Nicole Brunn, LMFT, APCC
Nicole Brunn, LMFT, APCC
Nicole believes that therapy is a collaborative process, and she actively works to create a judgment-free and accepting environment for clients to heal and learn more about themselves. Nicole is warm, empathic, and passionate in providing individualized treatment that meets the client’s unique goals. She is dedicated to utilizing evidenced-based therapies, such as Cognitive Behavior Therapy and Dialectical Behavior Therapy. She has witnessed firsthand how effective these therapies are in transforming people’s lives.
Nicole is a Licensed Marriage and Family Therapist and an Associate Professional Clinical Counselor. She attended San Jose State University and graduated with a Masters in Marriage and Family Therapy. She gained her experience in community-based settings and has supported a variety of clients in healing from PTSD, depression, anxiety, and OCD. Nicole used to be a program lead at Gardner Health Services and her primary focus was providing intensive services for children and families with severe behavioral health disorders.
Before her Masters in Marriage and Family Therapy, Nicole was also a research assistant while attending San Diego State University and was involved with research projects about social anxiety, generalized anxiety, and OCD. She decided her passion wasn’t in research, but instead in providing direct therapy to individuals struggling with these difficulties.
In her spare time, Nicole enjoys reading fantasy novels, playing video games, and cuddling with her two cats.
- Behavioral Difficulties
- Family Problems
- Grief, Loss, and Bereavement
- LGBTQIA+, Gender Identity and Sexual Orientation
- Life Transitions
- Panic Attacks
- School Refusal
- Social Anxiety
- Women’s Issues
- Behavioral Interventions
- Cognitive Behavioral Therapy
- Dialectical Behavioral Therapy (DBT)
- Trauma-focused CBT
Marriage and Family Therapists are mental health professionals trained in psychotherapy with a family systems influence, and licensed to diagnose and treat mental and emotional disorders that affect individuals, couples, and families. The Federal government has designated marriage and family therapy as a core mental health profession along with psychiatry, psychology, social work and psychiatric nursing. The State of California support and regulate the profession by licensing MFTs.
Marriage and Family Therapists have graduate training (either a masters or doctoral degree) in counseling psychology with an emphasis in marriage and family therapy. Prior to a rigorous exam process leading to licensure, LMFTs must complete at least 3,000 hours of post-graduate clinical experience under the supervision of a licensed mental health professional. Before full licensure, LMFTs are called “Associates”. LMFTs are employed in a variety of private and public settings, including private practice, community mental health centers, and behavioral managed care organizations.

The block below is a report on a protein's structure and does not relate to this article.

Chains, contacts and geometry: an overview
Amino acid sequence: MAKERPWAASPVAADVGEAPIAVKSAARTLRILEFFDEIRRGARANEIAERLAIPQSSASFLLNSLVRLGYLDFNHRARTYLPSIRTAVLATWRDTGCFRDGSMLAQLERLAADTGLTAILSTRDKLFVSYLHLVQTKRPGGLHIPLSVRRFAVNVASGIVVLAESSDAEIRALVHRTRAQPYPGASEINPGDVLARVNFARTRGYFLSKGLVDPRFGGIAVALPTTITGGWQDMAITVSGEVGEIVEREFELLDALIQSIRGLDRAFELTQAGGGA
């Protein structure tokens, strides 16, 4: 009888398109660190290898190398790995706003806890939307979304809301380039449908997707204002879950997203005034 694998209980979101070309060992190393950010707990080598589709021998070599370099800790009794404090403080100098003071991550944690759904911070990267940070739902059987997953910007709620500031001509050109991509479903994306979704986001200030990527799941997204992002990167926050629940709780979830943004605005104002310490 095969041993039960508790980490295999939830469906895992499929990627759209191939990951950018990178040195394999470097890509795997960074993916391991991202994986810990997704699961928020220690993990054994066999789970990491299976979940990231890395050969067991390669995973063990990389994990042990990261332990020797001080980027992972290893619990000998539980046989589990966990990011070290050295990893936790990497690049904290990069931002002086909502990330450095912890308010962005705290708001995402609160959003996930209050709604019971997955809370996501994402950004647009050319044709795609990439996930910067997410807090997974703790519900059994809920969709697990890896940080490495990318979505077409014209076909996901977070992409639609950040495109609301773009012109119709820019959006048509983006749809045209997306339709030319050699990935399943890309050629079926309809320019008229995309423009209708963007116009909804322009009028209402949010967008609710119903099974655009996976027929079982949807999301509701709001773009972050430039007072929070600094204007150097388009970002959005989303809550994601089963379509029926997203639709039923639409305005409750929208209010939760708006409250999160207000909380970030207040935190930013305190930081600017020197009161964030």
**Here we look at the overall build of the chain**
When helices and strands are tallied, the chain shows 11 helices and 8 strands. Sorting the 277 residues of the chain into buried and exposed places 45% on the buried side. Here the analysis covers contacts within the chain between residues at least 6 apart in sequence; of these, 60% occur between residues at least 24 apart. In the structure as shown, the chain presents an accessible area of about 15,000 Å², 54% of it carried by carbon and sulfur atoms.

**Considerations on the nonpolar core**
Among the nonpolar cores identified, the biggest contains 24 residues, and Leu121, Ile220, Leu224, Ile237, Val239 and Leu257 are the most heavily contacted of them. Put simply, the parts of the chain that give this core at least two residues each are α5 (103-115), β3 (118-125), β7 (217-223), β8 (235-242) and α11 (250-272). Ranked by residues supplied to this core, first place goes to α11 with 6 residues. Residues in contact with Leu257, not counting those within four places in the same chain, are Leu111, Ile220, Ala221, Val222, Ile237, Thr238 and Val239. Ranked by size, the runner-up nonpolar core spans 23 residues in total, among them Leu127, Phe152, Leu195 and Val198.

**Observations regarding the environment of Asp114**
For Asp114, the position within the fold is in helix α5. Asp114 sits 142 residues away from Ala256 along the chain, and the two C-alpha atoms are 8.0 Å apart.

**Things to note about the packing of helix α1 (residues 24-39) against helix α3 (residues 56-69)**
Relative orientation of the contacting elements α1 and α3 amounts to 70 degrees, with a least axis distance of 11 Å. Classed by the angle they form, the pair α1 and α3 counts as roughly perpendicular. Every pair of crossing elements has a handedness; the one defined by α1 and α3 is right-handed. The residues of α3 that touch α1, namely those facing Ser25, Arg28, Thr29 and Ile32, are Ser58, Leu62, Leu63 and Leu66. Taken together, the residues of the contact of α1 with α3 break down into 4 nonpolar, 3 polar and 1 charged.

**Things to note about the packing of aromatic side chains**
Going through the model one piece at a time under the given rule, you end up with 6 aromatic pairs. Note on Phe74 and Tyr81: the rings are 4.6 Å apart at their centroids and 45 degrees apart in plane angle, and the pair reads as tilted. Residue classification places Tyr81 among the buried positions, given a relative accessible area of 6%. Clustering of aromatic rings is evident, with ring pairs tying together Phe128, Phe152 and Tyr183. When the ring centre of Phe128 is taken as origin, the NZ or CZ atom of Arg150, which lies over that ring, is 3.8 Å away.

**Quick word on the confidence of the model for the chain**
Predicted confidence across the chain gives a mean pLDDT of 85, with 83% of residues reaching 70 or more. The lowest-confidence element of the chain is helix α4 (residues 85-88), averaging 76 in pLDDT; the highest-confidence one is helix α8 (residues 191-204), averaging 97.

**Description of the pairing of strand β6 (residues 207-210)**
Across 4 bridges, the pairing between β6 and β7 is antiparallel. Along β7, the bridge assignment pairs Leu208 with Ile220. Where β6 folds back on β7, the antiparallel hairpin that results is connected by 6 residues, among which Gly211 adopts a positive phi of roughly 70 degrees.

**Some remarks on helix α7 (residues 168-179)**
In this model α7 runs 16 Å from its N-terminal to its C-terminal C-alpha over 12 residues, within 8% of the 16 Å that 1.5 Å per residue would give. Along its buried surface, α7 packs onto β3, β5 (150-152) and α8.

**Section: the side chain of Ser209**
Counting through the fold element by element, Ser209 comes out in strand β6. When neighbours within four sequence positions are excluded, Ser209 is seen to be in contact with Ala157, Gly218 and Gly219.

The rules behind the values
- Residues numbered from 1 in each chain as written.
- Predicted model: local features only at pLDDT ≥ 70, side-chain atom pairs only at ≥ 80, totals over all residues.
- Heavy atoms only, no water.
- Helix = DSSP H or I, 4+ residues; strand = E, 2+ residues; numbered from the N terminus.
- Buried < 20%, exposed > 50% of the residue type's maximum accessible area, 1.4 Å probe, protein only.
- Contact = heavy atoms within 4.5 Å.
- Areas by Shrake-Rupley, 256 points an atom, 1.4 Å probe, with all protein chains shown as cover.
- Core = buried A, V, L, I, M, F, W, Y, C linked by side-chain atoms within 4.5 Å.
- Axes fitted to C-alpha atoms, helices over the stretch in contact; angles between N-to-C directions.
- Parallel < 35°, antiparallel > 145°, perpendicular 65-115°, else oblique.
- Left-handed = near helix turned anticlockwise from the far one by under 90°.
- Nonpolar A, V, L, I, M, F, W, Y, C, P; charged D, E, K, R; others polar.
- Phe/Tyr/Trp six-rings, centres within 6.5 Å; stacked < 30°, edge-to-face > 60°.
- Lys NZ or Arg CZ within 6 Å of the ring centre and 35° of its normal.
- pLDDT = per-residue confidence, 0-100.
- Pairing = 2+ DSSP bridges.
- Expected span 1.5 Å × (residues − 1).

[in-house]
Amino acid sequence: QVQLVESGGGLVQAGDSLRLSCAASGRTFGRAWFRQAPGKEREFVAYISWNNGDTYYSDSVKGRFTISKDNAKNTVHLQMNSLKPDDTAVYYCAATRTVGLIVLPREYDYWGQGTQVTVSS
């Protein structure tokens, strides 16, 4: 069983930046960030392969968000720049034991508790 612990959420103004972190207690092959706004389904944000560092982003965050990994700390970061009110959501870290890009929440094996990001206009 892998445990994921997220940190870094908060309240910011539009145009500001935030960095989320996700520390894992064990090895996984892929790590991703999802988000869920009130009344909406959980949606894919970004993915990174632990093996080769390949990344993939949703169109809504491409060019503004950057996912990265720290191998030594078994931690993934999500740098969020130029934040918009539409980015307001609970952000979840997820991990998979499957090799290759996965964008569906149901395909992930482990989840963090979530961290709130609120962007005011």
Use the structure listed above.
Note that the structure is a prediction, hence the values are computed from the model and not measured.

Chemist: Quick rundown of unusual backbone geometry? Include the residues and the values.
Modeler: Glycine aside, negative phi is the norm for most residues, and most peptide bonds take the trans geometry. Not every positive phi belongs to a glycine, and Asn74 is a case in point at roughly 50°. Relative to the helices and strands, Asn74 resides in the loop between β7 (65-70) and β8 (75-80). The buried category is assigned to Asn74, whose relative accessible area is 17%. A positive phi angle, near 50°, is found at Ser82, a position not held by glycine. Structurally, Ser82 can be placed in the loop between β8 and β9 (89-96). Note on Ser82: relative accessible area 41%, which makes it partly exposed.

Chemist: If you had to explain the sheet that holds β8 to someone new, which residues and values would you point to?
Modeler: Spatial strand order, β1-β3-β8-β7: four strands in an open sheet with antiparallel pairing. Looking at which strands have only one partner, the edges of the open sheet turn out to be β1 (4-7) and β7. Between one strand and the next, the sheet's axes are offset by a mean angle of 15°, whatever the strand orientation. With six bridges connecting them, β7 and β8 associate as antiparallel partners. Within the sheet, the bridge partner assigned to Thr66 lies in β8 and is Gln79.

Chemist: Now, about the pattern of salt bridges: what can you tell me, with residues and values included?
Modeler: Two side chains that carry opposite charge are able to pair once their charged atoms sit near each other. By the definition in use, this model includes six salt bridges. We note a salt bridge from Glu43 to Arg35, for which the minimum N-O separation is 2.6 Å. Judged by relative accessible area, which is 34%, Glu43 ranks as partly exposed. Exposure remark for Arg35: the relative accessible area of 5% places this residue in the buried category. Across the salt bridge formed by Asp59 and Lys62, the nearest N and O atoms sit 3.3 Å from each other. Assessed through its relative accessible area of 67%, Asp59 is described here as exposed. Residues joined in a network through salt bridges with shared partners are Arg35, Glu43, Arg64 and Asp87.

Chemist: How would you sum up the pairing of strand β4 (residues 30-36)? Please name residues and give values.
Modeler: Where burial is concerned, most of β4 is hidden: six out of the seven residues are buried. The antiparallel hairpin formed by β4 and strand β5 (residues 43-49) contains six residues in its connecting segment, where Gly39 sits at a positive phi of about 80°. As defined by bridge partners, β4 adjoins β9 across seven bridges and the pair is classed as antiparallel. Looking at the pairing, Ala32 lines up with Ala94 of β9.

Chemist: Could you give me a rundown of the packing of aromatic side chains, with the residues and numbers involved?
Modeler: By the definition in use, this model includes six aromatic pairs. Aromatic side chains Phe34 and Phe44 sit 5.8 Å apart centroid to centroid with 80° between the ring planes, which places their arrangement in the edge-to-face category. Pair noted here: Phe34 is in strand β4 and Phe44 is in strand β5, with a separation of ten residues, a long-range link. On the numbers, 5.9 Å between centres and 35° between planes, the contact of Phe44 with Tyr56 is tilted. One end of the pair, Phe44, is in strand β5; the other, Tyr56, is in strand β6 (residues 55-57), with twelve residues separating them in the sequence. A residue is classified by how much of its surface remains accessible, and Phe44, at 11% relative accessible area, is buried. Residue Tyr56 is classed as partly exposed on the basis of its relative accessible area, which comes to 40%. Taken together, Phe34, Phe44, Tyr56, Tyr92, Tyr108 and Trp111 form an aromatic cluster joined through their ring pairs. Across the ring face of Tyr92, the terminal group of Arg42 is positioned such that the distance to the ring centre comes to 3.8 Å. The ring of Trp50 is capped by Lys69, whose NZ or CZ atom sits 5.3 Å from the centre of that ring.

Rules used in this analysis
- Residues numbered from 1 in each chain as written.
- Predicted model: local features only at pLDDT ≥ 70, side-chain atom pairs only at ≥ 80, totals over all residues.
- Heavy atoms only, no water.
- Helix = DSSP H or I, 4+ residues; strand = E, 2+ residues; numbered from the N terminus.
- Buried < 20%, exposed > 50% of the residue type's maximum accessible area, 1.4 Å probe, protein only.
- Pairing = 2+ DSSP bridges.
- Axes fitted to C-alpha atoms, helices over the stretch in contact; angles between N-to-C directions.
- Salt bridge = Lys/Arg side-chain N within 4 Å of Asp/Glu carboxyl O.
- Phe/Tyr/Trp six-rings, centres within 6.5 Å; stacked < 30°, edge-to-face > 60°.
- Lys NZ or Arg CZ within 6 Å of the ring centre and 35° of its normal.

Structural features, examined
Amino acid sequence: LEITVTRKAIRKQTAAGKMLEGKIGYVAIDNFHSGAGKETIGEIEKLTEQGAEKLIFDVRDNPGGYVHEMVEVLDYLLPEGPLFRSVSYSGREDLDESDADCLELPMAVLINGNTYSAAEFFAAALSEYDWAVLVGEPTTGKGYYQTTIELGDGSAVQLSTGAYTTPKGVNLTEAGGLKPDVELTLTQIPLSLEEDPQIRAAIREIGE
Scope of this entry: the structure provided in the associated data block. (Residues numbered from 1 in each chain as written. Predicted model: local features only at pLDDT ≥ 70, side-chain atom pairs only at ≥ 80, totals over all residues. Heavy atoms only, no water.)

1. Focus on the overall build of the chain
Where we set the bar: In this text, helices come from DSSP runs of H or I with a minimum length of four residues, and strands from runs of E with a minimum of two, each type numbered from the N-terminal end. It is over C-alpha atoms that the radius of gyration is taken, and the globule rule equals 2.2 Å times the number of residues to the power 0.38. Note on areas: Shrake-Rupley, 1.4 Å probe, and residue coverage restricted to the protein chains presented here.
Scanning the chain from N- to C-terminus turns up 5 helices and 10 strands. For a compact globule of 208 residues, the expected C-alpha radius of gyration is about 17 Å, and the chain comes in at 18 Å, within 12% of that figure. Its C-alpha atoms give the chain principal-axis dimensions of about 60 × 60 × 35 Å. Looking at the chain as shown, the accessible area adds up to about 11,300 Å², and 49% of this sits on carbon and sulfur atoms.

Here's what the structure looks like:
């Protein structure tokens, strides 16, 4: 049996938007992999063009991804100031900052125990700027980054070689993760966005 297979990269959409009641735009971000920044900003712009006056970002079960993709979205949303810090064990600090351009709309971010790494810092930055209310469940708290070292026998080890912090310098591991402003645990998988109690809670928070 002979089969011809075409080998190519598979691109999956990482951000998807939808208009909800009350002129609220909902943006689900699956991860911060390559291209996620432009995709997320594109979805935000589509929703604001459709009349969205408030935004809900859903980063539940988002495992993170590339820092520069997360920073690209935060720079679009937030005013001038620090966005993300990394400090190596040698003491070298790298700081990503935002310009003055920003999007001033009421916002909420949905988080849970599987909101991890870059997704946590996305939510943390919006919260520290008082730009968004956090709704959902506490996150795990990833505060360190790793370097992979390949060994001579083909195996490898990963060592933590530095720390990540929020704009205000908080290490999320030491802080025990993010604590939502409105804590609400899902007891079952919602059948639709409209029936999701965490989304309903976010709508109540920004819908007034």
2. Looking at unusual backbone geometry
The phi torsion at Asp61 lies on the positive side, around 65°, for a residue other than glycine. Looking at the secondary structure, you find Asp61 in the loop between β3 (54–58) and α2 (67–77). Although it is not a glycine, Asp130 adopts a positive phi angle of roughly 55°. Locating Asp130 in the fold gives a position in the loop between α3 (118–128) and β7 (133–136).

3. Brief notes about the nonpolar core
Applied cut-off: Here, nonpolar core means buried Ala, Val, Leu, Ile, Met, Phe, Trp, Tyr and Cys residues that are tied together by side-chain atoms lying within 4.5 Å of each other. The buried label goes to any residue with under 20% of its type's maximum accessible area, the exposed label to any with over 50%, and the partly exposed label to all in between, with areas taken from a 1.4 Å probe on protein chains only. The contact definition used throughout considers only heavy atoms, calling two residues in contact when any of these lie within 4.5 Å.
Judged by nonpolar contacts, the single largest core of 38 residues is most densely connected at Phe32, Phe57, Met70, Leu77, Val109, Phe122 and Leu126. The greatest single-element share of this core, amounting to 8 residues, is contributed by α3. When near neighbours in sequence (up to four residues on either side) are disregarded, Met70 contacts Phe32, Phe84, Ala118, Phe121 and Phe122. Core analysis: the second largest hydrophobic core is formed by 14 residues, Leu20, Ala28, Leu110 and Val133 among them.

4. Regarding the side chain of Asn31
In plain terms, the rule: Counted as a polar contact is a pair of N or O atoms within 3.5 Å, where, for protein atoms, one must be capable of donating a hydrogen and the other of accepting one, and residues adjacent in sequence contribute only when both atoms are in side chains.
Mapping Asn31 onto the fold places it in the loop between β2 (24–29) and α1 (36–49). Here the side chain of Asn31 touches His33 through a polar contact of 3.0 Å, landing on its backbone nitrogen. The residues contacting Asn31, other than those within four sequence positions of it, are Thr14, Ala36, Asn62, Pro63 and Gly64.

Do LMFTs only work with clients who are having problems in their marriages and families?
No. While LMFTs are qualified to do couples and family therapy, most LMFTs work with individual adults to not only enhance the quality of their relationships, but also decrease symptoms of anxiety, depression, and stress.
How can a LMFT help me?
Like other mental health professionals such as social workers, psychologists, and psychiatrists, LMFTs help clients by diagnosing and treating common emotional and behavioral difficulties that interfere with functioning at an optimal level. LMFTs use empirical-supported counseling techniques to help their clients achieve desired goals.
Professional counselor education and training standards for licensure are on par with marriage and family therapists and clinical social workers, the other two master’s level mental health providers in the state. Requirements for California’s Licensed Professional Clinical Counselors (LPCCs) include:
- Possession of a 60-unit master’s or doctoral degree in counseling, or a closely related degree, from a regionally accredited or “approved” institution of higher education that includes certain core content areas
- Completion of a minimum of 3,000 hours of post-master’s supervised clinical experience, performed over two years, and continuing education hours for renewal (Before full licensure, LPCCs are called “Associates”.)
- Passage of the National Clinical Mental Health Counselor Examination (NCMHCE) and a California Law & Ethics Exam
- Adherence to a strict Code of Ethics and recognized standards of practice, as regulated by California’s Board of Behavioral Sciences
How can a LPCC help me?
Like other mental health professionals such as social workers, psychologists, psychiatrists, LMFTs, LPCC’s help clients by diagnosing and treating common emotional and behavioral difficulties that interfere with functioning at an optimal level. LPCC’s use empirical-supported counseling techniques to help their clients achieve desired goals.